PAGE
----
Road To The Olympic Games

Swimming·Analysis

Penny Oleksiak is famous — now what?

After winning four medals in Rio and capturing Canada's attention, 16-year-old swimmer Penny Oleksiak stands to cash in on her new-found fame. But taking the money now could jeopardize her other options.

Endorsement money awaits, but could jeopardize collegiate eligibility

Canadian teenager Penny Oleksiak is a sudden star after collecting a gold, a silver and two bronze medals at the Rio Olympics. (Ryan Remiorz/Canadian Press)

By Jamie Strashin, CBC Sports

Penny Oleksiak seems to think her life will be the same when she returns home from Rio.

"I hope so. I don't really want everything to change. I don`t want it to be super overwhelming," Oleksiak told the CBC. "It would be nice to be able to go home and chill out with my friends."

There may be time for that. But after winning four medals in Rio and capturing Canada's attention, the 16-year-old swimmer's life will undoubtedly change. She has made the rare transition from anonymous teenager to sought-after sports hero.

That transformation will bring challenges and hard choices about how she goes about capitalizing on her new-found fame.

There is no doubt Oleksiak will be coveted by companies looking to associate themselves with her, says Rob Mackay, a client manager at Landmark Sport Group, which represents a number of Olympians including swimmer Emily Overholt.

"[Oleksiak has] an authentic spirit. It's very pure and innocent," he says. "You saw that in her reaction when she won gold [in the 100-metre freestyle]. She took eight to 10 seconds without even considering the results. She's laughing, smiling, waving. It's sport in its purest form, which I think has captivated a lot of Canadians."

Oleksiak still has two more years of high school ahead, at which time the 2020 Tokyo Olympics will still be two more years away.

After high school, Oleksiak could opt to continue to train in Canada as part of the national team. Or she could choose to take her talents to the United States, where she would certainly be offered a lucrative swimming scholarship by several colleges.

"It's definitely going to be a family decision," Oleksiak's mother, Alison, told reporters. "It's not just going to be Penelope's decision."

A question of eligibility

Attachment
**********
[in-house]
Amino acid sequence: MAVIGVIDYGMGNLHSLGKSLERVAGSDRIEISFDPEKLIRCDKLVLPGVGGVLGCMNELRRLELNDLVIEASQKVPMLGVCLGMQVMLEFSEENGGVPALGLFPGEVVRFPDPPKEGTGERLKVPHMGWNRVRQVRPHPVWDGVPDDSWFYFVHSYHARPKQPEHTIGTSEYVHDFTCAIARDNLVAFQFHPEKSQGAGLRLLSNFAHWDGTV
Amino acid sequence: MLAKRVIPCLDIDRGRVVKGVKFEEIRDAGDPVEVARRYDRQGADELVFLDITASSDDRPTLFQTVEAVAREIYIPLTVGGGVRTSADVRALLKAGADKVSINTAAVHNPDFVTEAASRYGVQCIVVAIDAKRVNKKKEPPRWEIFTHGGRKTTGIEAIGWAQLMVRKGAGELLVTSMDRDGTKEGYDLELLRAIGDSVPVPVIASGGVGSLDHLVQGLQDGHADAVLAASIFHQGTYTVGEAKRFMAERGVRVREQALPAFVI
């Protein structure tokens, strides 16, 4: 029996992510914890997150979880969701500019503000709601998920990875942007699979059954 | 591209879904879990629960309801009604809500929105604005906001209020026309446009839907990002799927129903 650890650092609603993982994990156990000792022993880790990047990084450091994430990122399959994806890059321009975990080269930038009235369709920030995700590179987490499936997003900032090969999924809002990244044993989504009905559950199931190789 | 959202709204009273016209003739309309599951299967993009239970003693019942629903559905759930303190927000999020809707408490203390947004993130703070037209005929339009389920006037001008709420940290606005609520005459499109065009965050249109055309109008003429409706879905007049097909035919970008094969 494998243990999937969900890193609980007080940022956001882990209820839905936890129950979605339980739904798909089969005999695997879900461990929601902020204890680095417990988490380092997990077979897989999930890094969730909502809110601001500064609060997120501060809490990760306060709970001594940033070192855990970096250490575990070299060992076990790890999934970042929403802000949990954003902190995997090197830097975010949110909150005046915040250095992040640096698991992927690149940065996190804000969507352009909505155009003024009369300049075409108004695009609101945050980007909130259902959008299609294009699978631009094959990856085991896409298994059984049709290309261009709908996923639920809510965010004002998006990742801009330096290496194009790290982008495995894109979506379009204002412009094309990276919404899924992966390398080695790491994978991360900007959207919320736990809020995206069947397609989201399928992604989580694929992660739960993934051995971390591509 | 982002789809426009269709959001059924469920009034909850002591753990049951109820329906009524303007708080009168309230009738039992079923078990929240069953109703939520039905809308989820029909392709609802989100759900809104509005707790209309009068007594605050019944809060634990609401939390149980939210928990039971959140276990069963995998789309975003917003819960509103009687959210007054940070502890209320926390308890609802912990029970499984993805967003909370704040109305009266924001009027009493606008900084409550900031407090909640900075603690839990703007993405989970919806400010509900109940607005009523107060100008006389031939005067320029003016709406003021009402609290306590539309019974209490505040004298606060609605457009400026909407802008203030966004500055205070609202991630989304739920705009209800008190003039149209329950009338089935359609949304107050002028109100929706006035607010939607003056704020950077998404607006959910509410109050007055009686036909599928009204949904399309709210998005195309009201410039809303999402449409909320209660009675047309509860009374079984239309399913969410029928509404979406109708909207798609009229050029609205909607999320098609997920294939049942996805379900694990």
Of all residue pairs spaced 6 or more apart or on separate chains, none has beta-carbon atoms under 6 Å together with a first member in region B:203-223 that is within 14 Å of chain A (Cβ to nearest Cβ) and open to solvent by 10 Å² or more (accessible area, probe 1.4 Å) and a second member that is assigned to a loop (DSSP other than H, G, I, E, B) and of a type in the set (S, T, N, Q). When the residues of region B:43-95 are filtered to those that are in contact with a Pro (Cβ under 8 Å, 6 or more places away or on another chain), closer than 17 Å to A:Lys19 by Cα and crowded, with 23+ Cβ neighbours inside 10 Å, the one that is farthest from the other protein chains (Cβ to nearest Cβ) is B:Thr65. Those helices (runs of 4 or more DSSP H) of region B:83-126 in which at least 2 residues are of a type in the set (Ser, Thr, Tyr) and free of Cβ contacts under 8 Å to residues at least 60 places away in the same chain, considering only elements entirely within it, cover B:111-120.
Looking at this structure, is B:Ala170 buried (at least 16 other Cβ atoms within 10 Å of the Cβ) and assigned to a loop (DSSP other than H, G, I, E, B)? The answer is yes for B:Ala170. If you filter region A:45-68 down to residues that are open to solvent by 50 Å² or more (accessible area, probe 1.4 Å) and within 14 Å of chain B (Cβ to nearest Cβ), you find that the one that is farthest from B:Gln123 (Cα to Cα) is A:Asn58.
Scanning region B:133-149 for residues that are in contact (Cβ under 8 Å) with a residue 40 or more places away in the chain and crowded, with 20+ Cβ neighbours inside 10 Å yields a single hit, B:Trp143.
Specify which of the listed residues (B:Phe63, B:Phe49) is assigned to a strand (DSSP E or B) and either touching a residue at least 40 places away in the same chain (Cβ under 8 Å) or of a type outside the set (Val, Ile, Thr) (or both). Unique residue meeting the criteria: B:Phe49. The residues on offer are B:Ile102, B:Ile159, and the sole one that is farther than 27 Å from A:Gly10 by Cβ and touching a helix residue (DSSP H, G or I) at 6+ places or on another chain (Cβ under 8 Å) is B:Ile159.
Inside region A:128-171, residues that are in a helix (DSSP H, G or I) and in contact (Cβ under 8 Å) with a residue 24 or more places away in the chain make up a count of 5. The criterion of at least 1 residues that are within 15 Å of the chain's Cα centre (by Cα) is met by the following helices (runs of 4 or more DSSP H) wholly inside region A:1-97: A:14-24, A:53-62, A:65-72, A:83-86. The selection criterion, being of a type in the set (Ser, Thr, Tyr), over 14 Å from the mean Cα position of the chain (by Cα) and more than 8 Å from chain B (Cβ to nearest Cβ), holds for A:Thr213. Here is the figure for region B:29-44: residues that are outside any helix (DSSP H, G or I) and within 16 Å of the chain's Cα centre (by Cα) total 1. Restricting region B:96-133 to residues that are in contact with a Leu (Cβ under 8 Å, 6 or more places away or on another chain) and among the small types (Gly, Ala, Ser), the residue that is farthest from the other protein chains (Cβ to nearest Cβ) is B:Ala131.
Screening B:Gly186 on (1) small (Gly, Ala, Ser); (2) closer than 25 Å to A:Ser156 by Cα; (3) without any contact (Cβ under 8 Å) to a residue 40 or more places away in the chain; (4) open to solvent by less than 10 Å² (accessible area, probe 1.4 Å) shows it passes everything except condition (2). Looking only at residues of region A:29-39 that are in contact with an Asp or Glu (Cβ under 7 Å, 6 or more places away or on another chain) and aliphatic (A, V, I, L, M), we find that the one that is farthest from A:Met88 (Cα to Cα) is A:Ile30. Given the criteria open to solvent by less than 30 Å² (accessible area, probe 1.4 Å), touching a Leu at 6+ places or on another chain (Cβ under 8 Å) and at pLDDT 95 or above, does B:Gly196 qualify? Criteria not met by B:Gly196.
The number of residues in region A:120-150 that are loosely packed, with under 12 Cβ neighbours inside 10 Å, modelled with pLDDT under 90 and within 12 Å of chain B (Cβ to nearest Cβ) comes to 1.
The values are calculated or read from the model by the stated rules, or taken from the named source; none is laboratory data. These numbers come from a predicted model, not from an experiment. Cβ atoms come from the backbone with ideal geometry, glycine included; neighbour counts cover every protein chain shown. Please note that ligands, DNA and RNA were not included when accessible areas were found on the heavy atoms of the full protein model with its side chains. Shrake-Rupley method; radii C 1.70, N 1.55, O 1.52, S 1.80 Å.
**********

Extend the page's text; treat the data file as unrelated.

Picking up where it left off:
The decision could also shape potential endorsement or sponsorship opportunities today.

If Oleksiak decides to strike while the iron is hot, any deal she signs or products she endorses could prevent her from swimming collegiately in the United States.

According to rules set by the NCAA — the organization that polices collegiate sports in the U.S. — athletes can do commercials and endorsements as long as those deals are "not based in any way upon the individual's athletics ability or reputation."

Since an athlete's ability and reputation are largely what makes them attractive to advertisers, the rule basically covers any potential endorsement.

Rik Allen, a former NCAA compliance officer who now advises potential student-athletes, says the question for athletes like Oleksiak is simple.

"How important is it for me to compete on the college level? I might be able to accept some endorsement money, but if I do I won't be able to compete at the college level. But after you have been at the Olympics on worldwide TV, maybe you're not that interested."

In other words, does the value of a swimming scholarship and a college experience at a top school like Stanford (which could be valued at around $250,000 over four years) outstrip potential earnings?

Collegiate eligibility could even be affected by accepting a gift — like, say, free Drake tickets.

It appears Oleksiak and the team around her, including Swimming Canada and the Canadian Olympic Committee, are aware of the rules too. After her desire for tickets was answered by the Canadian hip-hop megastar, Oleksiak was thankful but cautious with her tweet.

Rules punish athletes

Some of the biggest names in U.S swimming have faced similar choices.

For Michael Phelps, the decision was easy. The once-in-a-generation talent has made millions in endorsements after choosing to turn pro at 16.

Then there's Missy Franklin, who reportedly turned down $5 million US in endorsement deals when she decided to swim collegiately after the last Olympics. Franklin has since turned pro and made millions leading up to Rio.

Katie Ledecky, winner of five medals in Rio, is a few years older than Oleksiak and will head to Stanford this fall. The choice will likely cost her millions of dollars, at least in the short term.

The NCAA says its rules precluding endorsements are designed to increase consumer demand for its sports. But critics say the rules punish athletes, especially young swimmers like Oleksiak.

"I think it's ridiculous," says David Grenardo, an assistant professor of law at St. Mary's University in San Antonio, Tex., and a former NCAA athlete. "Take Katie Ledecky. If you allowed her to do commercial endorsements, it wouldn't decrease demand for collegiate swimming, it would increase it.

"If you had an Olympic gold medal winner you would see a bump in attendance at these sports with world-renowned athletes competing."

Should Oleksiak decide to forgo advertising riches, she still stands to collect about $60,000 in bonuses for her Rio medal haul. The Canadian Olympic Committee awards athletes with $20,000, $15,000 and $10,000 for winning Olympic gold, silver and bronze medals, respectively.

But collecting this money could be an issue. The COC warns athletes who are NCAA competitors, or aspire to be, "to determine if accepting the bonus will impact your eligibility and scholarships."

Oleksiak knows how she'd spend the money.

"I already told my parents I would be donating some when I get back home to Sick Kids Hospital [in Toronto] and the Humane Society," she says.

No wonder advertisers are salivating.

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